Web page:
Three balls, out: Agony of the openers continues
TWENTY-SIX is not a magic number for an Australian cricket fan.
It represents the number of times Australia has changed its opening partners since present coach Justin Langer and Matthew Hayden walked through the gates together for the last time at the SCG in January 2007.
That’s about two a year or one every four Tests. It is a crippling statistic.
The twin peaks have been replaced by pillars of sand, as likely to be swept away as a sand castle stalked by a rising tide.
Eight of the 26 have been paired for just one innings. In the three years since Chris Rogers retired, Australia has fielded 10 different partnerships at the top of the order.
The union of Aaron Finch and Marcus Harris lasted just three balls yesterday before Finch played an airy drive and saw his stumps uprooted.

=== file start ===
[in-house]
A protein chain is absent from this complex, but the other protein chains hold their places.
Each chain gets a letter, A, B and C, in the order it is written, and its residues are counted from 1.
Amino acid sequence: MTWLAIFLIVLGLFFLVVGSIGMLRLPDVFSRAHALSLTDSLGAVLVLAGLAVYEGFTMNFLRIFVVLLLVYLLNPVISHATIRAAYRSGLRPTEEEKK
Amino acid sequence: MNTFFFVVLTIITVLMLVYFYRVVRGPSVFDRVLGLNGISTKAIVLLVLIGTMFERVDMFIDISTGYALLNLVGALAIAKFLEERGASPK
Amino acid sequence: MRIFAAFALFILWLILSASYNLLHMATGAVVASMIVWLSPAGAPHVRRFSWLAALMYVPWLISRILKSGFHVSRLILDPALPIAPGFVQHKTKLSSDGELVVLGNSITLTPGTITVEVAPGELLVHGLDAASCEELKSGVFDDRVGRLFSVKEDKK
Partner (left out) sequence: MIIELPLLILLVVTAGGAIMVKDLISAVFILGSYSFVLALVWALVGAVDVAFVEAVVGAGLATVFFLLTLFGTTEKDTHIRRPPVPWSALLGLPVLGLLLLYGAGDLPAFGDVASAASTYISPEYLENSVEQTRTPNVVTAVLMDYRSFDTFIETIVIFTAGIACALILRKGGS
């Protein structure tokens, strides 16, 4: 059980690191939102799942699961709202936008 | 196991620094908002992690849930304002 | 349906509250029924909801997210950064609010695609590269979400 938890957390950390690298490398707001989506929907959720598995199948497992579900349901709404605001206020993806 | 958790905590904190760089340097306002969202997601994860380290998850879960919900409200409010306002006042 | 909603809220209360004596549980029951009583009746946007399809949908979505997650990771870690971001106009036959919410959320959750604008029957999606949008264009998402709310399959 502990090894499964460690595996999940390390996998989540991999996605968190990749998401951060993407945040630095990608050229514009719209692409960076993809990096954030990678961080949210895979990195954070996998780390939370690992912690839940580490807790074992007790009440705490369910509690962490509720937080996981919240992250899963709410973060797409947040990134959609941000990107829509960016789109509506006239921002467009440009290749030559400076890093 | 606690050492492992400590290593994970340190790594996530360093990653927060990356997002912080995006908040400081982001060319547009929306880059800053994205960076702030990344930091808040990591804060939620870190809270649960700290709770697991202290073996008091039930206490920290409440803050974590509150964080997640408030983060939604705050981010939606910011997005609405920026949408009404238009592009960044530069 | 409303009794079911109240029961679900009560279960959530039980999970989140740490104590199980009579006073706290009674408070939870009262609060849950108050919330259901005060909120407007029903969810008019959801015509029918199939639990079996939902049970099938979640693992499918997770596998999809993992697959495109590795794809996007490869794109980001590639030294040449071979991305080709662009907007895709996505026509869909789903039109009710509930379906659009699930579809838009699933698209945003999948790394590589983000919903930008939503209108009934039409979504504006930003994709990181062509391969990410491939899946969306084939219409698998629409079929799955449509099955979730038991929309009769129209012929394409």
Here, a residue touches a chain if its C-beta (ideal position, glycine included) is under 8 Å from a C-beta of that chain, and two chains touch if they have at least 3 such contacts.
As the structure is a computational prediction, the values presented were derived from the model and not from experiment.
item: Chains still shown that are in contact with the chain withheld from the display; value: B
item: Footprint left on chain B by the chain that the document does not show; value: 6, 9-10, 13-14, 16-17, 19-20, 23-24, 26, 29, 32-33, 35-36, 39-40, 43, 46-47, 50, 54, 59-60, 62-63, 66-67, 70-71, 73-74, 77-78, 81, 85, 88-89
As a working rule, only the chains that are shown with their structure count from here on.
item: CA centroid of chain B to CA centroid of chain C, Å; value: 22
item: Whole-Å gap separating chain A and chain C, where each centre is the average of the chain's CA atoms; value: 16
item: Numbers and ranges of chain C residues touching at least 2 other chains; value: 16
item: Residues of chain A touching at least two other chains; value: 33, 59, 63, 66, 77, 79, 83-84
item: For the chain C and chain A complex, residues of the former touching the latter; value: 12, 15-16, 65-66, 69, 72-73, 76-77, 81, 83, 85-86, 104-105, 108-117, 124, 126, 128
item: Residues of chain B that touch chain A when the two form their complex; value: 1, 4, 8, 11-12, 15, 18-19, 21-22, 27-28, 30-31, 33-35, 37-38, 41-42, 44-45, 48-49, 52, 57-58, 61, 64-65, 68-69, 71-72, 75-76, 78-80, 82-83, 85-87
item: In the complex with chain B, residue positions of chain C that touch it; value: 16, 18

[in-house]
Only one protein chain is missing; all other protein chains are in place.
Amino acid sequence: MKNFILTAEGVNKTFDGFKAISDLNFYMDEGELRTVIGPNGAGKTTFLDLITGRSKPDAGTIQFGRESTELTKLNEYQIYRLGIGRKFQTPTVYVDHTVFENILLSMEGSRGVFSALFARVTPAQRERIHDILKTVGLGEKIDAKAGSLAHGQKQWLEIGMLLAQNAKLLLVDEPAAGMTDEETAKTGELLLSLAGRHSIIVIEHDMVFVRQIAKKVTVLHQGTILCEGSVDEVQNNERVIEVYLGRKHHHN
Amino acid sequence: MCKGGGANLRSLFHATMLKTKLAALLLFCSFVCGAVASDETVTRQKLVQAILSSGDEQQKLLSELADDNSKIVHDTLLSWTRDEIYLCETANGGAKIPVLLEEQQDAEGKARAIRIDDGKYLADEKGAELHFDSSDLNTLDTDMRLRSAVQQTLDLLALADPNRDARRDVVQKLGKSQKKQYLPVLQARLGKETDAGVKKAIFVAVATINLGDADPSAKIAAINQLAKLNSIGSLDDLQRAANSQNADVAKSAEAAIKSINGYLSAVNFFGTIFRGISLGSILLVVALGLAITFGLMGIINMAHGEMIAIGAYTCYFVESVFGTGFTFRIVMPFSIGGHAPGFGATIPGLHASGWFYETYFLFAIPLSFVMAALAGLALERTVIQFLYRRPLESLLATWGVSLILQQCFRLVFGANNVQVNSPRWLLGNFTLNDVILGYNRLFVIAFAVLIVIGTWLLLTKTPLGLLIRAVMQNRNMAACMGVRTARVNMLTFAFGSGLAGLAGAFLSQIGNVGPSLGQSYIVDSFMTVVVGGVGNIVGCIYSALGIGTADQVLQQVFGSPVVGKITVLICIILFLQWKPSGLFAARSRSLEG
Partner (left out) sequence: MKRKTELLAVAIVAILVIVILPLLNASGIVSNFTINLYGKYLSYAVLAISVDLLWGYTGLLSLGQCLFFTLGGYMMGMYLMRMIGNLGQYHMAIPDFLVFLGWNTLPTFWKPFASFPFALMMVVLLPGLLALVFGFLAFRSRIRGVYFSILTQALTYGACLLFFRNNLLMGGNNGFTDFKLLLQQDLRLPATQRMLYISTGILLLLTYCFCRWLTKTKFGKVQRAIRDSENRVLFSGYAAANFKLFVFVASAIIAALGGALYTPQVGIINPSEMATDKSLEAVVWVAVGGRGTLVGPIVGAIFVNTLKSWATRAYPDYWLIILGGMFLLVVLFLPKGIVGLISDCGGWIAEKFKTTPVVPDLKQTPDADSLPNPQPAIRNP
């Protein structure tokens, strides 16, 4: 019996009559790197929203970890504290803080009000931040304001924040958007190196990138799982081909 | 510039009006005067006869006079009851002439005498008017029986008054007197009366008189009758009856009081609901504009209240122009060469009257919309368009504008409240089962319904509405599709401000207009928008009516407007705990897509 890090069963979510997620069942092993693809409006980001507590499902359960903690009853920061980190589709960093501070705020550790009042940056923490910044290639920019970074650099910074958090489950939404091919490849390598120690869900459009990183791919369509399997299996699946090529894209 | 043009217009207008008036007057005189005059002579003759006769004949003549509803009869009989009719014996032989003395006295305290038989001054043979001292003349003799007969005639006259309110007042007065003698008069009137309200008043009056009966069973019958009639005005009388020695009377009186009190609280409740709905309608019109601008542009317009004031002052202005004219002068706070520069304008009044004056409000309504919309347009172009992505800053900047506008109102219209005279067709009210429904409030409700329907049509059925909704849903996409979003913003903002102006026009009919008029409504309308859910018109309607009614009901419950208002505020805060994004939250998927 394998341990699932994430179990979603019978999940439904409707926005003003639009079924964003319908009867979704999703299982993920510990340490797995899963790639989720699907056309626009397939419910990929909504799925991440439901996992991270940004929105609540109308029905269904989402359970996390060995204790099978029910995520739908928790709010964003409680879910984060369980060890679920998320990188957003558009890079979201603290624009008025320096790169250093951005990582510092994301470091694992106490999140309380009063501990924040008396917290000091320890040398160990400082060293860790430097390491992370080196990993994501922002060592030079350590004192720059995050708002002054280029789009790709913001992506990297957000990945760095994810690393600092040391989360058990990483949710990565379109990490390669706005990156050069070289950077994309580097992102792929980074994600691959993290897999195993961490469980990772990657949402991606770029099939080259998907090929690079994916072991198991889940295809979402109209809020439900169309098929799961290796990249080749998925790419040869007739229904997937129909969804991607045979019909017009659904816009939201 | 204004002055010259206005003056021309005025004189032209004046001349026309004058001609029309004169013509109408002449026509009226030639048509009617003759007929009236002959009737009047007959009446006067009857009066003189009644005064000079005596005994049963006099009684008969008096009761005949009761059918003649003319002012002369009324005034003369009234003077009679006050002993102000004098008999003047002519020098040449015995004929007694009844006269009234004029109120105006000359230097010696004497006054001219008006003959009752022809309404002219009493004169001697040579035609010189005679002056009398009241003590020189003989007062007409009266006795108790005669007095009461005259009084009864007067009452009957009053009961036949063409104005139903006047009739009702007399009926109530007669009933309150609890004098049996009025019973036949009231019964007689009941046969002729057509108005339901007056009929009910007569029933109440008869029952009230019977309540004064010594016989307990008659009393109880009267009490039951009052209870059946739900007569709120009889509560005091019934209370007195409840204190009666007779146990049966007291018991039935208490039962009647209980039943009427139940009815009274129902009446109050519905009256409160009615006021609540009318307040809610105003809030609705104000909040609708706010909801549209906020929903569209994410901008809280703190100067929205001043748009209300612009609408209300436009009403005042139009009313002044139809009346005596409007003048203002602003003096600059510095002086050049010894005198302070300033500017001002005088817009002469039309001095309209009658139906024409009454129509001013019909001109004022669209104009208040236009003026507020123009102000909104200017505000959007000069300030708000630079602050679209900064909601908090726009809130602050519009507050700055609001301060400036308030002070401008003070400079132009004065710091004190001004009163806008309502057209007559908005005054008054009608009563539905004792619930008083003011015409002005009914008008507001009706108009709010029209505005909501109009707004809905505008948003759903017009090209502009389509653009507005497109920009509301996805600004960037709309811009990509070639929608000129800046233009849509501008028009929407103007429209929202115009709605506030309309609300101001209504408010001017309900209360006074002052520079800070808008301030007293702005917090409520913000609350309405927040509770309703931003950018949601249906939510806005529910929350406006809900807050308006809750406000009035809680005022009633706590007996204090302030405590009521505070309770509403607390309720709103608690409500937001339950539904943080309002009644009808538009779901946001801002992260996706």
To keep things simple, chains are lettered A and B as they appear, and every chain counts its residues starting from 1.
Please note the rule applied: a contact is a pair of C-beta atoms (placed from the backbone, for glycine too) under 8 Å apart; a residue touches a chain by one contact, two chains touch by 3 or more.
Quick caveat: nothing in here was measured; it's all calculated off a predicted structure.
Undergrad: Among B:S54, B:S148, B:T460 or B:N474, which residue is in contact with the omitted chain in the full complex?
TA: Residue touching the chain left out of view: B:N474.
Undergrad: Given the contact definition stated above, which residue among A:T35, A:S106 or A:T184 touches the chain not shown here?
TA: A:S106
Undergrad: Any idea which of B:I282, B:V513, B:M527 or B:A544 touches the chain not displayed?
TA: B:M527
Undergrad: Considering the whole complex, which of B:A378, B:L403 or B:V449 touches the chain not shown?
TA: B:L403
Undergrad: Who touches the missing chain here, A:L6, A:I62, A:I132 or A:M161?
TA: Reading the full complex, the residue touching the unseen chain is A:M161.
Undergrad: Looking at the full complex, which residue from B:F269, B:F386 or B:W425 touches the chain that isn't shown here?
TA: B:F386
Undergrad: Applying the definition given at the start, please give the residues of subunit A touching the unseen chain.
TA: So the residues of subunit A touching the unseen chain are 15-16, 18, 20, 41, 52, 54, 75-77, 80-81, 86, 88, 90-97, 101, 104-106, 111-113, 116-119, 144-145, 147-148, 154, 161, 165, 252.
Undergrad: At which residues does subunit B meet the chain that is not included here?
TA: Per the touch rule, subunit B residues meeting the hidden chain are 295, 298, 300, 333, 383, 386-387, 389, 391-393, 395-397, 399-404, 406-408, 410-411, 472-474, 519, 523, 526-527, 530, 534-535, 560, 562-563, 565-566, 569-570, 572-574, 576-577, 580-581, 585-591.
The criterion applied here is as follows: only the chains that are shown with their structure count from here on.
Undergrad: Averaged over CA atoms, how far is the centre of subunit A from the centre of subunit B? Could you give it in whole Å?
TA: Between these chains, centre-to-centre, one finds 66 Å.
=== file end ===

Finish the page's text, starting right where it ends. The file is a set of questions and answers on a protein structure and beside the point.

Somewhere in Melbourne Victorian cricket officials would have said, with no celebration, “we told you so’’ because Finch has not opened for his state in red-ball cricket for four years after averaging 18 in that spot.
For all his white-ball prowess, there has long been a feeling Finch does not have the defensive fibre to cope with the swinging red ball.
The dismissal was reckless in so many ways.
Finch would have known that Ishant Sharma’s prime weapon was the inswinger and the wicket was providing occasional “nibble’’ with the new ball.
The cover area was vacant but that also meant that simply making solid contact would have meant runs. He didn’t have to murder anything, but white-ball habits are hard to shake.
Harris may have made 26 on debut, but he was a genuine bright spot. It looked like his 20th Test rather than his first.
When he squeezed a boundary through the slips, his cheeky smile was that of a man relishing the challenge rather than being intimidated by it.
He boldly advanced to the dangerous finger spinner Ravi Ashwin, who got him at the end caught at bat-pad, but it was an honourable contest.
Significantly, Harris had faced 875 deliveries in redball cricket this summer. Finch 91.
Langer is the man who must select and coach Australia’s openers and hopefully he may unearth a duo akin to him and Hayden, for a team without decent openers is like a car with a faulty engine.